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Make Your Own Cove Molding

Build a Jig
Exploded view of fence
Enlarge Image
 
Marking the spot
Enlarge Image
 
Mark on the tape where the stock will
first contact the front tooth of the blade
and where it will last contact the rear
tooth.
Postioning the jig
Enlarge Image
 
Align the jig so the inside edges of the
long arms touch the marks on the tape.
Mark one long inside edge of the jig
onto the saw table.

Build a Jig

Start by setting the fences

A simple fence-setting jig [Drawing 2] determines the proper angle for the fences on the tablesaw. Build the jig as shown, ensuring that opposing sides are parallel.

Set the distance between the jig's long arms to the width of the cove and tighten the wing nuts to lock the jig in shape. Raise the tablesaw blade to the final depth of the cove (1/2" for our example), and use painter's tape to mark where the teeth enter and exit the throat plate [Photo B]. Lower the blade and use the marks to position the jig [Photo C].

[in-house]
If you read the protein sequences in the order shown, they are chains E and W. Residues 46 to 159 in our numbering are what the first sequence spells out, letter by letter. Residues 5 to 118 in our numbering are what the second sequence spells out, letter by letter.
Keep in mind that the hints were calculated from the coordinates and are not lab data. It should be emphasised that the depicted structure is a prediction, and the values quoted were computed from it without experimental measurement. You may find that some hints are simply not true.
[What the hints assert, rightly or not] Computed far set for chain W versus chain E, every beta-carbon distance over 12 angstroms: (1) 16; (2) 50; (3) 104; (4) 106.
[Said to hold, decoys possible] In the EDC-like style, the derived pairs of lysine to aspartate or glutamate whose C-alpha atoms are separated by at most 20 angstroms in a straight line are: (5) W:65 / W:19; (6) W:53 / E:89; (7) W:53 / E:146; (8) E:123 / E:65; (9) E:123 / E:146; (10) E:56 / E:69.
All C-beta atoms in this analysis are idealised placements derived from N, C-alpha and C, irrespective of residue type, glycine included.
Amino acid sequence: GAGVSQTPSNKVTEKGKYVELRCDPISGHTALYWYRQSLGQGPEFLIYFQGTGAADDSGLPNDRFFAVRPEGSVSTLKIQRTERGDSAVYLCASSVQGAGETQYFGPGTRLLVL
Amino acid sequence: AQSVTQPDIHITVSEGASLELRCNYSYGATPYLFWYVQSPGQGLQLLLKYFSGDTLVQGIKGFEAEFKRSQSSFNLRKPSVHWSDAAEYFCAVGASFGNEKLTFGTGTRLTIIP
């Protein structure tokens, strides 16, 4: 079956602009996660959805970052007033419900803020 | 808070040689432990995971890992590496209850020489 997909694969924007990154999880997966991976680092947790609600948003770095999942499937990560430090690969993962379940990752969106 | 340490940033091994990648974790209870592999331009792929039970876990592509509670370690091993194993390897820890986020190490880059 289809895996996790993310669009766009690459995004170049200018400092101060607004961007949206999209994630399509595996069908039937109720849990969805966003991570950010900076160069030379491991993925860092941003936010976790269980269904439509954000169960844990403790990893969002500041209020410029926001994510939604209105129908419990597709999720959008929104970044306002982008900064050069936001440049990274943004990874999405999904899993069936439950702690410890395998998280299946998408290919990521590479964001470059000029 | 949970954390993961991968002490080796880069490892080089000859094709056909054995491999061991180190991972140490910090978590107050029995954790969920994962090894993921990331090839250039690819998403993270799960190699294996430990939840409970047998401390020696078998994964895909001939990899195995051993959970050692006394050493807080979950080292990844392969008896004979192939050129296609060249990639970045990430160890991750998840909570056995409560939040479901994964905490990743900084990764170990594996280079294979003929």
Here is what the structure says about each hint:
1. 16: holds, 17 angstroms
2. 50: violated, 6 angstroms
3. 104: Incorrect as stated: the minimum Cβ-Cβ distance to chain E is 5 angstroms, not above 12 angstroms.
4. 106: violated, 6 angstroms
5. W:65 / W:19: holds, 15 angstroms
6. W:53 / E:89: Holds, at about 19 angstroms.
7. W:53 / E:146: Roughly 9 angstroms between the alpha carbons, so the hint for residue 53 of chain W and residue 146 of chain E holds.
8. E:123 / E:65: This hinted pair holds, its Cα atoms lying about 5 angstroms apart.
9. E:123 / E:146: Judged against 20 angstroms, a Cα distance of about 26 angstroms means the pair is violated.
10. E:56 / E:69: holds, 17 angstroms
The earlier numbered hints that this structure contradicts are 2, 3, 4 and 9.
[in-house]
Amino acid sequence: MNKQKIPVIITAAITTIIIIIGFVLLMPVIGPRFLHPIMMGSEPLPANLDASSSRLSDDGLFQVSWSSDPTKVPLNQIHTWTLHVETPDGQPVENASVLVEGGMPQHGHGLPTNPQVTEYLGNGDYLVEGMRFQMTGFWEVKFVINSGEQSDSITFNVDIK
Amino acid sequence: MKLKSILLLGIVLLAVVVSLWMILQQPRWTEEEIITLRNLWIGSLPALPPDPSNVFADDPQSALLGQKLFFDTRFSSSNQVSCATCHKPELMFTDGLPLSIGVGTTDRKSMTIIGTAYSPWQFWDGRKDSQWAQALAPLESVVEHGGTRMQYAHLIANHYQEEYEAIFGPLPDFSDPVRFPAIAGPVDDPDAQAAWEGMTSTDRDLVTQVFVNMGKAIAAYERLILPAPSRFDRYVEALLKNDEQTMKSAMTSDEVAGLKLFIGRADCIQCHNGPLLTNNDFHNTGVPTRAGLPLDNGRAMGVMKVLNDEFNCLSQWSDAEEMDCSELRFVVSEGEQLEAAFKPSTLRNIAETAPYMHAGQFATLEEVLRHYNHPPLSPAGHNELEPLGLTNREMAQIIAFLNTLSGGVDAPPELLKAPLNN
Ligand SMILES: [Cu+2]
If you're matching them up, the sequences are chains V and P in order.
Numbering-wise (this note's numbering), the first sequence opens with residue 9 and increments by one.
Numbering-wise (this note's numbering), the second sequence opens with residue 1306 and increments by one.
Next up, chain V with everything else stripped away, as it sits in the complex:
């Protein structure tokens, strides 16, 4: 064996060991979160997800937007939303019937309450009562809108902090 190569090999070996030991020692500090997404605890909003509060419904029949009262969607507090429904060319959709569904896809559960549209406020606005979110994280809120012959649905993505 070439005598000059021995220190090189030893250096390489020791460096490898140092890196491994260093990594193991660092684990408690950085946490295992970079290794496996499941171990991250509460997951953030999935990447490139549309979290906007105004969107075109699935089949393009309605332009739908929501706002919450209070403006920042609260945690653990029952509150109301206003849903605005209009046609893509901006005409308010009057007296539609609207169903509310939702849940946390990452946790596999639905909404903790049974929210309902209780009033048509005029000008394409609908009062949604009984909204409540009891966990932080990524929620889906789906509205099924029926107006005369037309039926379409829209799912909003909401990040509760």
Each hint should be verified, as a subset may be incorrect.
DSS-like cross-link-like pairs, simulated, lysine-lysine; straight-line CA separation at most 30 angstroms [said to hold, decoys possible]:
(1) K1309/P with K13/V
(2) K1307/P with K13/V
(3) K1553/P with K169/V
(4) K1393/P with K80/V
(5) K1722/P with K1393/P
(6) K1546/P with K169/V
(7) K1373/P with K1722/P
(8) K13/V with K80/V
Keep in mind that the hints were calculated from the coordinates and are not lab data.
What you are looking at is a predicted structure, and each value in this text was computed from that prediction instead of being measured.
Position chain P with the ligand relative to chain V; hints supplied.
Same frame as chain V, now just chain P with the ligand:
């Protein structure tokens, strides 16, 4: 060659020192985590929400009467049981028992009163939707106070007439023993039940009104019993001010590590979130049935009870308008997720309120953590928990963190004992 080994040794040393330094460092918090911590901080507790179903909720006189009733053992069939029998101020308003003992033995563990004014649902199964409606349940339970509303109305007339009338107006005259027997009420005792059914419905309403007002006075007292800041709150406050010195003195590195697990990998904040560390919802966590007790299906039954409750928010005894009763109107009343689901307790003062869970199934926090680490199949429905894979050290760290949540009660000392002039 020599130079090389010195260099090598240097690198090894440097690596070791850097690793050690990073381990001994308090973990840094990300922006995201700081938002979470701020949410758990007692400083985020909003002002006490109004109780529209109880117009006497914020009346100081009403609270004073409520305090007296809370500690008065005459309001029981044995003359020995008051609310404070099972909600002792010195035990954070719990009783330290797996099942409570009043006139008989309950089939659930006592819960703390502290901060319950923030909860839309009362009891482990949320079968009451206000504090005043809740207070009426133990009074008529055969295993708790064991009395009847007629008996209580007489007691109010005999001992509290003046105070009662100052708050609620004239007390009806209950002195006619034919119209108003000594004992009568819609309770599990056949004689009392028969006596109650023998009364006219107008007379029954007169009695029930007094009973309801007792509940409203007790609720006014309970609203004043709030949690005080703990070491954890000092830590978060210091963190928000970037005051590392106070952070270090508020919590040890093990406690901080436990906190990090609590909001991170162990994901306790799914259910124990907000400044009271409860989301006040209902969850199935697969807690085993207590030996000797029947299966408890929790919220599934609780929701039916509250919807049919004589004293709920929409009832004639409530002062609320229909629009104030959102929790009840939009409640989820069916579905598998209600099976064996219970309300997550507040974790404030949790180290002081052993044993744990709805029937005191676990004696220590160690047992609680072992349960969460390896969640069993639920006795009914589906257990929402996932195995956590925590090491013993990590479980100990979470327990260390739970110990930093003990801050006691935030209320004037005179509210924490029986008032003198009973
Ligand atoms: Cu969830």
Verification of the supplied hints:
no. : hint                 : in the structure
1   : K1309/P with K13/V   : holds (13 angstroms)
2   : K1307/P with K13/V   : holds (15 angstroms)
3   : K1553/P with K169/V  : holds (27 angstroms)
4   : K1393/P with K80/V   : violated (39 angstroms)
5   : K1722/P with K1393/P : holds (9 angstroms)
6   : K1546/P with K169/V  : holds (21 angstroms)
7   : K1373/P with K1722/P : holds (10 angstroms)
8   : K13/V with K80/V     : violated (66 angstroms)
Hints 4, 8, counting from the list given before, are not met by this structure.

Continued on page 4:  Build a Jig (continued)

 

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Comments (2)
8366344824
Very Part-timer wrote:

Wood, thanks for the tips. IIatl, the 3/4 inch spacer is used if it's your plan to place the cove cut down the middle of your object board. The spacers will vary as your desired cut gets closer to one (or the other) edge of the object board. I've used only one guard rail when I've wanted the cove to resemble the cut made by a router for raised panels. But that isn't necessarily the safest method to use. Two rails are safer than one.

8/12/2010 10:56:17 AM Report Abuse
llatl wrote:

I'm a newbie, so will someone explain the purpose of the spacer? Is it to offset the beginning of the cove so it won't begin right at the edge of the board? Why is a 3/4" spacer suggested?

8/12/2010 10:29:09 AM Report Abuse

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